Grant
Agency: National Science Foundation | Branch: | Program: SBIR | Phase: Phase I | Award Amount: 150.00K | Year: 2013

This Small Business Innovation Research (SBIR) Phase I project addresses the problem of learning predictive models of individual choice behavior using sparse information on the behavior of any single individual. The intellectual merit of the project is developing a novel parsimonious view of this problem by modeling choice behavior as a distribution over permutations of alternatives, and making this view implementable at scale. A unit of data in this paradigm is a single comparison between two alternatives. Data of this sort can be derived in a variety of contexts ranging from product reviews to transaction data. While being a parsimonious modeling viewpoint, exact computation, or even representing such models is intractable. The project will focus on developing approximate solutions that, in the spirit of recent advances in high-dimensional statistics, exploit the potential of sparse approximations to such models. Given the vast quantities of data available to build such models it will be important for the algorithms developed to be amenable to parallelization in a manner reminiscent of the Map/Reduce computational paradigm. The algorithms developed will fit this paradigm with key algorithmic steps decomposing across data collected for a single individual. In summary, this project will develop a massively parallelizable approach to modeling individual choice behavior using unstructured data from a variety of sources. The broader impact/commercial potential of this project rests in enabling the emerging, all pervasive transition from 'search' to 'discovery'. This transition can be witnessed in sectors ranging from e-commerce to offline retail to matching impressions to advertisers on demand side platforms. The key stumbling block in this transition is the seeming requirement to build attribute rich models for a given context as opposed to a black box approach. The approach taken in this project is of the latter variety. As a concrete example, the task of merchandising requires an offline retailer to decide on the right assortment of products to carry in segments ranging from tooth paste to clothing; the approach here will power such decision making in an entirely data driven fashion. In a different direction, serving ads based on models that capture a surfer's preferences across the various silos of products and topics on the web can be enabled at scale and incredible granularity using the approach here. The level of granularity made possible by the approach here cannot be achieved with 'parametric' attribute driven approaches. In summary, the tools developed in this project have the potential to do for `discovery' what the PageRank algorithm did for search.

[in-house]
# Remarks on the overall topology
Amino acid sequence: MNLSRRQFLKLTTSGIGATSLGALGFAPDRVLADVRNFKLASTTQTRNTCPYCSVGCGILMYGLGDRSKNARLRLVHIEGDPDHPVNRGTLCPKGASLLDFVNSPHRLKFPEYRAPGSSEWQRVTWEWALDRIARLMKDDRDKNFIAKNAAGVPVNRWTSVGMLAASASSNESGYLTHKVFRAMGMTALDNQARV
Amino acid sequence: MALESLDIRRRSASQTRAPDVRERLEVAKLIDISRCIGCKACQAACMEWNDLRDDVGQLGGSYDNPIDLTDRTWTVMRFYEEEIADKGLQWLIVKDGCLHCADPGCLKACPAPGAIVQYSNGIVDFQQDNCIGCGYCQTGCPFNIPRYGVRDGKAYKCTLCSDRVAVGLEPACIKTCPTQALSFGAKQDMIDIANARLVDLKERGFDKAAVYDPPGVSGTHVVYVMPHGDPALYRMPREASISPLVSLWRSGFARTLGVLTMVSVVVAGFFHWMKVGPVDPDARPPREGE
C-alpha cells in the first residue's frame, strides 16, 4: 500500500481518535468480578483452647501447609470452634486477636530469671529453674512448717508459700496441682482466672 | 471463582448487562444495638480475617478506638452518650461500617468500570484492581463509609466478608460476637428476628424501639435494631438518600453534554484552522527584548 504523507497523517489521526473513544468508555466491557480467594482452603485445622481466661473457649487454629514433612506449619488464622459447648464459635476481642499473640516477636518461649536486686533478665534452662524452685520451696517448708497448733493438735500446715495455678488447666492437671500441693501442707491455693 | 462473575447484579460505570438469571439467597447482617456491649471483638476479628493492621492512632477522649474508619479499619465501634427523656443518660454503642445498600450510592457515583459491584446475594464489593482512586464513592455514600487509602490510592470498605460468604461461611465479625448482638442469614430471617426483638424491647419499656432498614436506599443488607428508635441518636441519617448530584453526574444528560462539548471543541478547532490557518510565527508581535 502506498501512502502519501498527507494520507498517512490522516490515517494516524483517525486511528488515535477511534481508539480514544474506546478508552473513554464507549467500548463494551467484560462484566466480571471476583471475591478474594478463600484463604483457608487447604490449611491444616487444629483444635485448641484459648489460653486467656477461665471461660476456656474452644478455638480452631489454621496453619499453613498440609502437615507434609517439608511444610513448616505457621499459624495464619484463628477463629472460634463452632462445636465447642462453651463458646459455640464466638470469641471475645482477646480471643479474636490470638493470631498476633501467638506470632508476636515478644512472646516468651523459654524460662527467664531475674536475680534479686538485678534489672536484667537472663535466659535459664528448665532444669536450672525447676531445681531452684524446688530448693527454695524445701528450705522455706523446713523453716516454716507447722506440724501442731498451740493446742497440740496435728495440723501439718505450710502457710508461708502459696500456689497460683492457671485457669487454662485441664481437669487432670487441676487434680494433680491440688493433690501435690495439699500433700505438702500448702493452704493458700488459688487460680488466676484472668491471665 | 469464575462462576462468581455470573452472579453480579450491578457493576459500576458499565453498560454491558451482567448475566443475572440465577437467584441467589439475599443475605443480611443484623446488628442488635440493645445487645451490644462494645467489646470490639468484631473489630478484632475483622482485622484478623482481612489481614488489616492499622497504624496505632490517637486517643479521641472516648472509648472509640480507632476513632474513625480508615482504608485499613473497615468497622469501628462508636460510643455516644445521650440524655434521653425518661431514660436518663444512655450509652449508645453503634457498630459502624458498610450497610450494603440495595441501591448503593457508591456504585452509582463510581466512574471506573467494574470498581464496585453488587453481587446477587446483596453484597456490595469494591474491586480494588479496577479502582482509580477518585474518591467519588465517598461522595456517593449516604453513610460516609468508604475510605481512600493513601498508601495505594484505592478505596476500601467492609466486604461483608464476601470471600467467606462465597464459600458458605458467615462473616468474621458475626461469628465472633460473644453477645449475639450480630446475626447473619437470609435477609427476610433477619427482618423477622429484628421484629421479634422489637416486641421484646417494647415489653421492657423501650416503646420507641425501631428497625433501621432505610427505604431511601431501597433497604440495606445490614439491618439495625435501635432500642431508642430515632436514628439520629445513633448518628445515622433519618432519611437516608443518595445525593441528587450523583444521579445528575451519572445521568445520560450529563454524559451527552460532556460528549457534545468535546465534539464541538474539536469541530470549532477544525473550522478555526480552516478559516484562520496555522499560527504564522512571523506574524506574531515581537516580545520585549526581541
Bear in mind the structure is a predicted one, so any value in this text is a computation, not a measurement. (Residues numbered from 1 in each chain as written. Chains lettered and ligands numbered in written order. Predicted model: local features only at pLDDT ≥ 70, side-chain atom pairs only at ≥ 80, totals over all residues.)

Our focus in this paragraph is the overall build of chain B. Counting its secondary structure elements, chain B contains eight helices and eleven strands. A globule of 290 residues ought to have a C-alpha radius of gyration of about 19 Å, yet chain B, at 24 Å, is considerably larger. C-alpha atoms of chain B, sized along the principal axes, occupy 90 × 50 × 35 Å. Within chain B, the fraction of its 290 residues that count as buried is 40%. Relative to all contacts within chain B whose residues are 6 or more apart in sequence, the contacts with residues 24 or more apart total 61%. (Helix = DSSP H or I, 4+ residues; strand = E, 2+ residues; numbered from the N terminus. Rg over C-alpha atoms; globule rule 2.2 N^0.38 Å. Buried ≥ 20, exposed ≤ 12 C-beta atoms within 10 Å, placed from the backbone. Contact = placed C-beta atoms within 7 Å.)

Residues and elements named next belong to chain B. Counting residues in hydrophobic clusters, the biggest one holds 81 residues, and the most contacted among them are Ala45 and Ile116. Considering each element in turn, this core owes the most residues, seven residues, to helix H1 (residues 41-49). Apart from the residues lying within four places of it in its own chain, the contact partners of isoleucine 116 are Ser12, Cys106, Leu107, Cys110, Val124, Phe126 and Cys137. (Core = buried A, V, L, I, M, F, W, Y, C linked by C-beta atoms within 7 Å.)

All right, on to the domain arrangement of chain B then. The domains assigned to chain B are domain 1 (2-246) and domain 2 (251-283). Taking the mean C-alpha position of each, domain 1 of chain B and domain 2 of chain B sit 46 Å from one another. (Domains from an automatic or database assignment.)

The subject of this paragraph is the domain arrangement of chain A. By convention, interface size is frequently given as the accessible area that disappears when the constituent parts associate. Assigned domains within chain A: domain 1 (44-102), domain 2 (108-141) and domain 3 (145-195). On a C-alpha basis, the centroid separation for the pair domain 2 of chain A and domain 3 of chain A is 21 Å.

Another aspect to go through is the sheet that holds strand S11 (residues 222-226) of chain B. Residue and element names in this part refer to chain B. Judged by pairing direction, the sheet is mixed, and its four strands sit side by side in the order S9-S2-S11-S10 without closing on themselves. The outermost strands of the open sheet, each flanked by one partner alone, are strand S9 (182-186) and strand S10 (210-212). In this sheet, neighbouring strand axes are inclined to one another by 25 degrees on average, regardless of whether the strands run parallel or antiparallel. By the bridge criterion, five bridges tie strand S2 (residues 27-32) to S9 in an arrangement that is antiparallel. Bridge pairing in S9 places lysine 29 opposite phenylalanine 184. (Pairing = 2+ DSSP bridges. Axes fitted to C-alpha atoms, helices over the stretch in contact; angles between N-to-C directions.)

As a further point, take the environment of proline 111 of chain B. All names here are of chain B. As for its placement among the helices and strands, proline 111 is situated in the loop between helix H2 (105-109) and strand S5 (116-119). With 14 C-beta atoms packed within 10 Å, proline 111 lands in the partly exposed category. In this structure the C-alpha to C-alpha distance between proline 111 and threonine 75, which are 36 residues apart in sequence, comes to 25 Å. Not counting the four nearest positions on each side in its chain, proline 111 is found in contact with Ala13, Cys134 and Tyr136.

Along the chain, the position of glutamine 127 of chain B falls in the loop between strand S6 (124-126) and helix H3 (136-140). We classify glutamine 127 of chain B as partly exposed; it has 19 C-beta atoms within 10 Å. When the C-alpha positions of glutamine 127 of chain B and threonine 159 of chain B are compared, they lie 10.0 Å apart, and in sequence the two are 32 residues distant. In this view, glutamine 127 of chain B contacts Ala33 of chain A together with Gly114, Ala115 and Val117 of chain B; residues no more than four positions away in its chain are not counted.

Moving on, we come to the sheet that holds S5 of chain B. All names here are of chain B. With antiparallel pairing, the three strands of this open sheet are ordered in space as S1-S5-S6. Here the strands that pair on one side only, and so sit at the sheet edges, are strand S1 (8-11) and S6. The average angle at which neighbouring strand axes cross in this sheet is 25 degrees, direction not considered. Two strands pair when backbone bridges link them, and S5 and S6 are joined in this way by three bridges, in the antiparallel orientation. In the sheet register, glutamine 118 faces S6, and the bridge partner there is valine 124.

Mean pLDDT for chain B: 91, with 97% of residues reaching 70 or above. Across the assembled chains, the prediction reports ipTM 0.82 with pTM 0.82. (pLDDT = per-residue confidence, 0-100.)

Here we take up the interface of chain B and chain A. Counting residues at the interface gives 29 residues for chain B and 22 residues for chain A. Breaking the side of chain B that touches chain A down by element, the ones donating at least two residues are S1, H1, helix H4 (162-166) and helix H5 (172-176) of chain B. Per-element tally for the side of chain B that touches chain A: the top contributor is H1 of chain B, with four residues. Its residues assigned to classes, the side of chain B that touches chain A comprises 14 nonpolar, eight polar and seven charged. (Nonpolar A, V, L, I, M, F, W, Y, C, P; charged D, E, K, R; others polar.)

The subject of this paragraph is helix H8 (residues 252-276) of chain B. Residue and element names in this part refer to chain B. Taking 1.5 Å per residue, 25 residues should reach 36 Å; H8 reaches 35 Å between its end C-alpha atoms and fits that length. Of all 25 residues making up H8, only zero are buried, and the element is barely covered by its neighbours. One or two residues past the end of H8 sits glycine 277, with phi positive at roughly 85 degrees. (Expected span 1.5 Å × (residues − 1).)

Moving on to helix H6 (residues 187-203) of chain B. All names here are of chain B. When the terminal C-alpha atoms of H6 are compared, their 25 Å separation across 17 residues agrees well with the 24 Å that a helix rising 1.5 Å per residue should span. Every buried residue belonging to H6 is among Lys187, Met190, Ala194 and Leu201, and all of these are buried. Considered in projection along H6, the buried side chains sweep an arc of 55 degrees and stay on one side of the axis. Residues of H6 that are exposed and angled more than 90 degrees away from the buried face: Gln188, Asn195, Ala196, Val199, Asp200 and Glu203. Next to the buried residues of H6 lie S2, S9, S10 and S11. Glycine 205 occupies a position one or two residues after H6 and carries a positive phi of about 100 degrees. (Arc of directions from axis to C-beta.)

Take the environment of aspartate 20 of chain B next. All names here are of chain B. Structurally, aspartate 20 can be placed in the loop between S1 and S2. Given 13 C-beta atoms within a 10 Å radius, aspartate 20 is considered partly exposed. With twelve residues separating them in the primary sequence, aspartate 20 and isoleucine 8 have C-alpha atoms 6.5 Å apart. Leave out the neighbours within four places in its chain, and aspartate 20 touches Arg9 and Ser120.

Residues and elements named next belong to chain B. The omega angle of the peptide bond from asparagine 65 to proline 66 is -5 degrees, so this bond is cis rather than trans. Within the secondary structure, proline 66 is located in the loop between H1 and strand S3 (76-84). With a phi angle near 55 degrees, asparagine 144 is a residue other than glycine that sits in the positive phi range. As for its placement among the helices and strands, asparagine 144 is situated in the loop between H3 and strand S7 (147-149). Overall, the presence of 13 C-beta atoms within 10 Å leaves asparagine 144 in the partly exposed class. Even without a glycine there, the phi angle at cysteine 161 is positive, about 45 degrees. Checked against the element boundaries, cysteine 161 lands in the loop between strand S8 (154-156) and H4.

Grant
Agency: NSF | Branch: Standard Grant | Program: | Phase: | Award Amount: 150.00K | Year: 2013

This Small Business Innovation Research (SBIR) Phase I project addresses the
problem of learning predictive models of individual choice behavior using sparse
information on the behavior of any single individual. The intellectual merit of the
project is developing a novel parsimonious view of this problem by modeling
choice behavior as a distribution over permutations of alternatives, and making
this view implementable at scale. A unit of data in this paradigm is a single
comparison between two alternatives. Data of this sort can be derived in a variety
of contexts ranging from product reviews to transaction data. While being a
parsimonious modeling viewpoint, exact computation, or even representing such
models is intractable. The project will focus on developing approximate solutions
that, in the spirit of recent advances in high-dimensional statistics, exploit the
potential of sparse approximations to such models. Given the vast quantities of
data available to build such models it will be important for the algorithms
developed to be amenable to parallelization in a manner reminiscent of the
Map/Reduce computational paradigm. The algorithms developed will fit this
paradigm with key algorithmic steps decomposing across data collected for a
single individual. In summary, this project will develop a massively parallelizable
approach to modeling individual choice behavior using unstructured data from a
variety of sources.

The broader impact/commercial potential of this project rests in enabling the
emerging, all pervasive transition from search to discovery. This transition can
be witnessed in sectors ranging from e-commerce to offline retail to matching
impressions to advertisers on demand side platforms. The key stumbling block in
this transition is the seeming requirement to build attribute rich models for a given
context as opposed to a black box approach. The approach taken in this project
is of the latter variety. As a concrete example, the task of merchandising requires
an offline retailer to decide on the right assortment of products to carry in
segments ranging from tooth paste to clothing; the approach here will power such
decision making in an entirely data driven fashion. In a different direction, serving
ads based on models that capture a surfers preferences across the various silos
of products and topics on the web can be enabled at scale and incredible
granularity using the approach here. The level of granularity made possible by
the approach here cannot be achieved with parametric attribute driven
approaches. In summary, the tools developed in this project have the potential to